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The number of tornado warnings in New York on Wednesday was almost unprecedented


July 10 was an almost unprecedented day for tornado warnings in New York, with more than 45 warnings issued across the state.

The first warning was issued a few minutes after noon, but new warnings were still being issued into the evening as the remnants of Tropical Cyclone Beryl moved across New York. As the storms reached the north of the country, concerns shifted from damaging winds to flash flooding, capping off a dangerous and destructive day of weather in the Northeast.

Tornado sightings and danger precede official figures

Two of the tornadoes seen in shocking social media posts were confirmed by the National Weather Service in Buffalo; one began in the town of Eden in Erie County and another in the town of Arkwright in Chautauqua County.

The tornado in Chautauqua County was rated EF1 on the Enhanced Fujita Scale, with estimated peak sustained winds of 110 mph (177 km/h), according to the weather service. It traveled 3 miles (4.8 km) and reached a maximum width of 450 feet (137 m).

The tornado caused increasing damage along its path, damaging roofs and trees as it moved northeast toward the town of Hanover. Several buildings along Prospect Road had their roofs collapsed and an entire forest of hardwood trees were either uprooted or snapped completely.

The Eden tornado, with an estimated peak speed of 85 miles per hour, left a 230-foot-wide path and caused tree damage along Gary Drive and Sauer Road. Damage also included uprooted trees that fell on several buildings along the path.

“We have roofs that have been blown off, we have barns that have been destroyed,” said Jackie Bray, the state’s Homeland Security and Emergency Services Commissioner. “We have a mobile home that has literally flipped 180 degrees and is laying on its hood.”

The state is working to not only confirm the total number of tornadoes, but also provide estimates of damage.

Some tornado warnings were issued because radars detected rotations in the clouds, not actual tornadoes. Some preliminary storm reports from the weather service confirmed thunderstorm damage, including downed power lines, but no tornado-specific damage as of early Wednesday evening.

More: Destructive storms and tornadoes are sweeping through northern New York State. See the damage

Remarkable tornado days in New York

Another day with numerous tornado warnings in New York was May 31, 1998, when there were 41.

That day, a series of storms over the Great Lakes region spawned 13 confirmed tornadoes, including four EF3 tornadoes. Only one touched down in western New York State, an EF1 tornado near Brocton, Chautauqua County, which destroyed or damaged several structures, including a hangar, outbuildings at a fertilizer plant, and several mobile homes.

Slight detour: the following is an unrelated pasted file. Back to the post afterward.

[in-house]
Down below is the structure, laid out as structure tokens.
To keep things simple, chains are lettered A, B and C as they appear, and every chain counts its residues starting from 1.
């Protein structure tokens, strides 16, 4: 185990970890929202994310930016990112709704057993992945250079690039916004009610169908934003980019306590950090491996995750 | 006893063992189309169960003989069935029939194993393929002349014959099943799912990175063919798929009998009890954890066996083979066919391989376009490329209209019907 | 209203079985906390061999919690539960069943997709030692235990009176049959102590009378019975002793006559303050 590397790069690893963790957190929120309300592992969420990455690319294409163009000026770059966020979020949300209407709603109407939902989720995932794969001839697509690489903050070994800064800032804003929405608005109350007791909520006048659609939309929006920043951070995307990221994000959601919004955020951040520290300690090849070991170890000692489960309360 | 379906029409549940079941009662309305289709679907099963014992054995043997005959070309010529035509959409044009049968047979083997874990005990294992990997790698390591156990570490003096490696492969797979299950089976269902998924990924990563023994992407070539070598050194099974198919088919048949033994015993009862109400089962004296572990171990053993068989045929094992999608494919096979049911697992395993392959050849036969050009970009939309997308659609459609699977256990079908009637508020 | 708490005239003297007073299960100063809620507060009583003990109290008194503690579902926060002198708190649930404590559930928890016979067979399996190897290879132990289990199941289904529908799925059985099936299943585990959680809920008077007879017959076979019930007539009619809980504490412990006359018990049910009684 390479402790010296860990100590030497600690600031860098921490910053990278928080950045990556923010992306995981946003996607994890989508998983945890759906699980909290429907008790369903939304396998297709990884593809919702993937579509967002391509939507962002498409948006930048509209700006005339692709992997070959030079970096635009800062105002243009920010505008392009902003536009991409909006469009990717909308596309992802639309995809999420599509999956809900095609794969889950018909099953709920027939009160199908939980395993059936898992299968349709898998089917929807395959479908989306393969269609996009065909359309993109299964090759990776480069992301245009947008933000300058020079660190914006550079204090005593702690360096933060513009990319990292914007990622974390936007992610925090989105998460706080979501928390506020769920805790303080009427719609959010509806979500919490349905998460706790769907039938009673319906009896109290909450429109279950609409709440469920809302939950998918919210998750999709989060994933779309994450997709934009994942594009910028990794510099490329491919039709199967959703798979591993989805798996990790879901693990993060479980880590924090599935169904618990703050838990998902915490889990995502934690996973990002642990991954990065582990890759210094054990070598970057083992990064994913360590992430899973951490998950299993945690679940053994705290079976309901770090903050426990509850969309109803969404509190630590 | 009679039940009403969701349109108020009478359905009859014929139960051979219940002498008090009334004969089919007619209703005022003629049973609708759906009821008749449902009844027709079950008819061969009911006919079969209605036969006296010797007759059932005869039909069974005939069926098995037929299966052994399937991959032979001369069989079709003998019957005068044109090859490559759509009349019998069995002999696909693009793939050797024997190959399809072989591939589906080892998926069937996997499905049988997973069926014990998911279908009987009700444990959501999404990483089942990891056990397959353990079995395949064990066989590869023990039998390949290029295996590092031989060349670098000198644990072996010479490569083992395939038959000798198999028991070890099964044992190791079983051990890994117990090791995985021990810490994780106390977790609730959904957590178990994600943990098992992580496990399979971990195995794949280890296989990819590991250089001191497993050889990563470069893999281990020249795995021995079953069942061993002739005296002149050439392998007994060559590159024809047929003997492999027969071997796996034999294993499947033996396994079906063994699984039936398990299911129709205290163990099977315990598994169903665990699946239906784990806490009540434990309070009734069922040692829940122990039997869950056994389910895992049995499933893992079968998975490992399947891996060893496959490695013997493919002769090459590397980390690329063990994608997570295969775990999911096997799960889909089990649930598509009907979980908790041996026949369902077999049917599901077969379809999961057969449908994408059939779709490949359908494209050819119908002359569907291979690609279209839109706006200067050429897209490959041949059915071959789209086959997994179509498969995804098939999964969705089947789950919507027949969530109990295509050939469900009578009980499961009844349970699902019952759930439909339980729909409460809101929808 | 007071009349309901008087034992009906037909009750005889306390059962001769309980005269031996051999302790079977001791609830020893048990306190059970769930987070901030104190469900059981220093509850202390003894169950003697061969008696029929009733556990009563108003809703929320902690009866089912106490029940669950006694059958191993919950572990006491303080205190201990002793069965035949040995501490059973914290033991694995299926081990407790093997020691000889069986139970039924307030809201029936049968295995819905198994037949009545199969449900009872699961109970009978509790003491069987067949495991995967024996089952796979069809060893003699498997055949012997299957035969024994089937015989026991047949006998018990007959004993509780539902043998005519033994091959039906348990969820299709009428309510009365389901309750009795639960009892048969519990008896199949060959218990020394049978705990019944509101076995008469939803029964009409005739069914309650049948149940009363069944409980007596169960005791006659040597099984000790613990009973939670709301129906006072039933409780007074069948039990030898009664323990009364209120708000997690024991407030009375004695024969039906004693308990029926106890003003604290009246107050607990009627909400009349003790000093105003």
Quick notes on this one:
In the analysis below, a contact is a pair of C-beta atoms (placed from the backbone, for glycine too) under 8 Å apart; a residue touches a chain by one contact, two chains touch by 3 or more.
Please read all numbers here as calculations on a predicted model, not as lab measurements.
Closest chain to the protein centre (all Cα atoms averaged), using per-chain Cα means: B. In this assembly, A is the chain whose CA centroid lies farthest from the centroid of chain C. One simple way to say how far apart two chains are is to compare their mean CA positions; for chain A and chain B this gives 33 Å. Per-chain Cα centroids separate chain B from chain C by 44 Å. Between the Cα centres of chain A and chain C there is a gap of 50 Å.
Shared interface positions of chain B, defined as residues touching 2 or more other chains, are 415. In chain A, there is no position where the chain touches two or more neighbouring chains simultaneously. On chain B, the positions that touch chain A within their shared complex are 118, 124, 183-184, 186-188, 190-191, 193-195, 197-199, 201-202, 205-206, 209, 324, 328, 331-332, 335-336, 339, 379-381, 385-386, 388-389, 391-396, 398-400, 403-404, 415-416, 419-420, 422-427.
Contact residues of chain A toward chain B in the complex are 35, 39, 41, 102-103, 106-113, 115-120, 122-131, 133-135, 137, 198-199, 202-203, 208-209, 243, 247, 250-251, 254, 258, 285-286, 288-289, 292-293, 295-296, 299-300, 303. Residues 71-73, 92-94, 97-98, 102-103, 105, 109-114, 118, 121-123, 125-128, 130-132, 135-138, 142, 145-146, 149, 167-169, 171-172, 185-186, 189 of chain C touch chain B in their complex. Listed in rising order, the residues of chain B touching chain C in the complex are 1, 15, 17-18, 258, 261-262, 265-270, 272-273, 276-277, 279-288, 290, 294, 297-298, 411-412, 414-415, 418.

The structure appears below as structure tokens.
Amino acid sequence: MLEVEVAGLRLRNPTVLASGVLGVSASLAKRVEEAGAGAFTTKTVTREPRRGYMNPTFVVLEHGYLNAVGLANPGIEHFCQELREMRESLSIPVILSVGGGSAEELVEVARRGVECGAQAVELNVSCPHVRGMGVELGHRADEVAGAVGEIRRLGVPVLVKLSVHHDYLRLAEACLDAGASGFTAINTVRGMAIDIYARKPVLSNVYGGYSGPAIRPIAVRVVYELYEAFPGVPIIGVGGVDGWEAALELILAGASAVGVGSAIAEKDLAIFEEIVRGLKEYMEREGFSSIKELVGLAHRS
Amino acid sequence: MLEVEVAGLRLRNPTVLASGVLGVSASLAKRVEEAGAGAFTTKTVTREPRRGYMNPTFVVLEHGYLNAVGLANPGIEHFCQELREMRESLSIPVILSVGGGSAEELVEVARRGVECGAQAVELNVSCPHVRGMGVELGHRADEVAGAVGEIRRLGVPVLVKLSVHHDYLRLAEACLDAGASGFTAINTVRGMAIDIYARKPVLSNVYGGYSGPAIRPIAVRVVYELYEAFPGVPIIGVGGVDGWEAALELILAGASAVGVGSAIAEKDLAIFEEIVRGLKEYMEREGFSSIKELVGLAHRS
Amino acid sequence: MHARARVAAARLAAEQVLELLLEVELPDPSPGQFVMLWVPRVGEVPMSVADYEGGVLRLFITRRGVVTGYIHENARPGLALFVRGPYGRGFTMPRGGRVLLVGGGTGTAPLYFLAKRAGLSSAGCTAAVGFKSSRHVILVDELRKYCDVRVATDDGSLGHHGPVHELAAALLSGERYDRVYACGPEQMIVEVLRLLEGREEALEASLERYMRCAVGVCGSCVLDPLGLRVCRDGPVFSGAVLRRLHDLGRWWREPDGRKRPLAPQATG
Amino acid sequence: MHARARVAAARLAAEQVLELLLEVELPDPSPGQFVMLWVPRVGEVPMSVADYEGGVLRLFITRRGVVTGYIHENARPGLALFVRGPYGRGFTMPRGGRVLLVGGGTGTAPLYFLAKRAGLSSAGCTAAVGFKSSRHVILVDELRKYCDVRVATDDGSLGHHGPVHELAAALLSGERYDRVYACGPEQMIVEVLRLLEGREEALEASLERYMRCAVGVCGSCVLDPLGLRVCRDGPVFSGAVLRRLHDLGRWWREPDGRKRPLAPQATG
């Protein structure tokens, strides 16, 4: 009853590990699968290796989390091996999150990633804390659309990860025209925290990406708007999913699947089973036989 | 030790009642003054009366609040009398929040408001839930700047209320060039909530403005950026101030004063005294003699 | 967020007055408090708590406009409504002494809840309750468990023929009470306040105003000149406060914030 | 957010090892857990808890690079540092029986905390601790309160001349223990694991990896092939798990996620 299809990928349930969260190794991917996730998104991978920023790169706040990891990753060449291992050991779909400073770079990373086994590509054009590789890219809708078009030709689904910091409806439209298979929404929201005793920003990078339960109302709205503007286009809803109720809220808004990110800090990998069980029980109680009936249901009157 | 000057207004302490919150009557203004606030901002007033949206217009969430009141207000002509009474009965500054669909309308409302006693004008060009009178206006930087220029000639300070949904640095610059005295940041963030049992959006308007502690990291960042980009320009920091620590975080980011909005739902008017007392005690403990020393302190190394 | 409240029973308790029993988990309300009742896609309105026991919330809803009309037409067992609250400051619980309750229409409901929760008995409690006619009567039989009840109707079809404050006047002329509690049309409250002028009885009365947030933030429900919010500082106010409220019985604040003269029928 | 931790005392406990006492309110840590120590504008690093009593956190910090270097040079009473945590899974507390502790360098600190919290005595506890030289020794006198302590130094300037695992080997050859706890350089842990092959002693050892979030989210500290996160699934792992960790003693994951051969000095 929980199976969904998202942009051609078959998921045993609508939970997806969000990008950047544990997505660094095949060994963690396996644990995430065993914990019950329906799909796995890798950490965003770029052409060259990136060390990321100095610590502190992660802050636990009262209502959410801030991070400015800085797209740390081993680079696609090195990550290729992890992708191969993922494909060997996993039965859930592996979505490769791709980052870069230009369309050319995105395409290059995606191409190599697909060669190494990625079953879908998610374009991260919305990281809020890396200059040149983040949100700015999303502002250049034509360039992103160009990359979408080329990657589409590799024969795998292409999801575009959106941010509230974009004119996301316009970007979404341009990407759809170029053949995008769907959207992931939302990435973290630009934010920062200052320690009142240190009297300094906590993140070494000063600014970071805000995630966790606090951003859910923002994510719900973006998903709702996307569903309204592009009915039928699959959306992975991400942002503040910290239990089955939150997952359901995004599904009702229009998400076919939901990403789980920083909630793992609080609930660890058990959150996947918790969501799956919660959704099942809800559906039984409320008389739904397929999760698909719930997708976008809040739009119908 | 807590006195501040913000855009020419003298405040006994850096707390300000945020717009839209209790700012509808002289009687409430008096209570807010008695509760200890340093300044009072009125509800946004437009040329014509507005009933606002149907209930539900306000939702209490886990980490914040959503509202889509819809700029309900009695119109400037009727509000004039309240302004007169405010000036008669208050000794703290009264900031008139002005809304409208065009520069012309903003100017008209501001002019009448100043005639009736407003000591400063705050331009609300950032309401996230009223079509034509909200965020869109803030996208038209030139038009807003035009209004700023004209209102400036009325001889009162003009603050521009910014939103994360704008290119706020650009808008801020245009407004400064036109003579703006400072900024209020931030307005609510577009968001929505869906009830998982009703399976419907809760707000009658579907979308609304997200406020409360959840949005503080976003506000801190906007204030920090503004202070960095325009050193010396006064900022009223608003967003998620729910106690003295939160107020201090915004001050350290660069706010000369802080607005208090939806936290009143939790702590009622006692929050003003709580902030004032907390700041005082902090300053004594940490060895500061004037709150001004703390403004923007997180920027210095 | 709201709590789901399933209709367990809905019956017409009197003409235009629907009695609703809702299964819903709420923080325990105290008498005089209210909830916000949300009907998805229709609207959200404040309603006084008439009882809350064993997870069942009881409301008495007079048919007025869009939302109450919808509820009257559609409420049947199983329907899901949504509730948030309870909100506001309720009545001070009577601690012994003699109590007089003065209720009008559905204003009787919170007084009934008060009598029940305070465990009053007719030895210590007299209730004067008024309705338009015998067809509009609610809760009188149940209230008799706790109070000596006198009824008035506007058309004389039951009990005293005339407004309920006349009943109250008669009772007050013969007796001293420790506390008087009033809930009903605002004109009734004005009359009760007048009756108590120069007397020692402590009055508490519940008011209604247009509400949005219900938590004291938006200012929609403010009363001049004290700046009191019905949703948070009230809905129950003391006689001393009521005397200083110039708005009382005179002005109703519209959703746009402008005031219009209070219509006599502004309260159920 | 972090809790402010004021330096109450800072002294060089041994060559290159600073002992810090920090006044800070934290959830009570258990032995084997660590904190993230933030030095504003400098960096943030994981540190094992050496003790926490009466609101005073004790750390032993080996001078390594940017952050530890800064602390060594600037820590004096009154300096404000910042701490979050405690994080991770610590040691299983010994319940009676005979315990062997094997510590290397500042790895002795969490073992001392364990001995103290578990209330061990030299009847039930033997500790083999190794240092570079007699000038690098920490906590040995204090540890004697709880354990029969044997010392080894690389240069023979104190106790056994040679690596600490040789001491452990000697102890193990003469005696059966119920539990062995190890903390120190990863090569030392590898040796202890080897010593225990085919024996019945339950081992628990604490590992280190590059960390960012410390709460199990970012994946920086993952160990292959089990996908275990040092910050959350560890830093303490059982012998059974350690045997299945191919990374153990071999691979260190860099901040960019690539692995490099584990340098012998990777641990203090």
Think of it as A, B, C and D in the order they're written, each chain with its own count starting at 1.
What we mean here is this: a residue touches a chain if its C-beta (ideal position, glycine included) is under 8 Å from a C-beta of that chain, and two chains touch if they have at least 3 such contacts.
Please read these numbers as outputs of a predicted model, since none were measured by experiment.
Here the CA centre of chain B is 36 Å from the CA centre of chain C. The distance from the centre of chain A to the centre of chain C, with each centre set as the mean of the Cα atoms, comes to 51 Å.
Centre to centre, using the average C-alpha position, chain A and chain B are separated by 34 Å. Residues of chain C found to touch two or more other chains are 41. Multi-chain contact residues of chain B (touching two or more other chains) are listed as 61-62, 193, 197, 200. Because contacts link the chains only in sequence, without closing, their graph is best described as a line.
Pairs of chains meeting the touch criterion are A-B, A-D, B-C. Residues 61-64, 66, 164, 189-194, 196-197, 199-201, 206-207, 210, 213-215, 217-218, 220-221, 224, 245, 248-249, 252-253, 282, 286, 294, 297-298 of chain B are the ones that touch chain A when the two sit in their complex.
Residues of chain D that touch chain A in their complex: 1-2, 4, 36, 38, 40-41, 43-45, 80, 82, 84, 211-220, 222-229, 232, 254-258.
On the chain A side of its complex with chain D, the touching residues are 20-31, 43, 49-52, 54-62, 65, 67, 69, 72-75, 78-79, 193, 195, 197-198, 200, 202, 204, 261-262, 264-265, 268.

On August 7, 2023, there were seven tornadoes statewide, including a tornado in Lewis County with an enhanced Fujita Level 3. The tornado damaged homes, barns, trees, the Snow Ridge Ski Resort, and a motel. It moved 16 miles and caused $1.5 million in property damage.

New York City experiences an average of about seven tornadoes each year; between January 1950 and March 2024, there were 514 tornadoes.

Tornado preparation

Meteorologists had warned of the possibility of tornadoes when the remnants of Beryl weather hit New York, but Bray acknowledged that deploying resources under a tornado warning for nearly the entire state could be more difficult than for a lake-spawned blizzard.

“At these events, there is a 15-minute warning, and that’s a whole different story for us,” she said.

In addition to contacts with county emergency management agencies, Bray said about 4,000 employees from the Department of Transportation and the New York State Thruway Authority are on standby to clear debris, close roads and safely reopen them. Another 5,000 utility workers are on the way to restore power to thousands of customers who were without electricity during the storms.

One of the most common questions Bray was asked today was what to do in the event of a tornado. The best thing to do is to seek shelter in an indoor space with no windows or take cover if you are outside, driving or in an RV.

“I think in many places where tornadoes occur, people instinctively know what to do, similar to how people in upstate New York know what to do when it snows, or people on Long Island know what to do when there’s a storm surge,” Bray said. “We don’t have muscle memory (for tornadoes) in New York.”

More: What to do if there is a tornado warning?

How to protect yourself during a tornado warning

  • Protect yourself from flying or falling debris, the greatest life-threatening hazard.
  • Seek shelter in the nearest and safest indoor or basement room.
  • Always avoid windows.
  • Do not go to the windows or doors to look outside.
  • Cover yourself with thick protective coverings, such as a mattress, sleeping bags, thick blankets or other protective coverings.
  • Wear a helmet (if available) to protect your head from foreign objects.

— This story includes reporting by USA Today reporter Dinah Voyles Pulver

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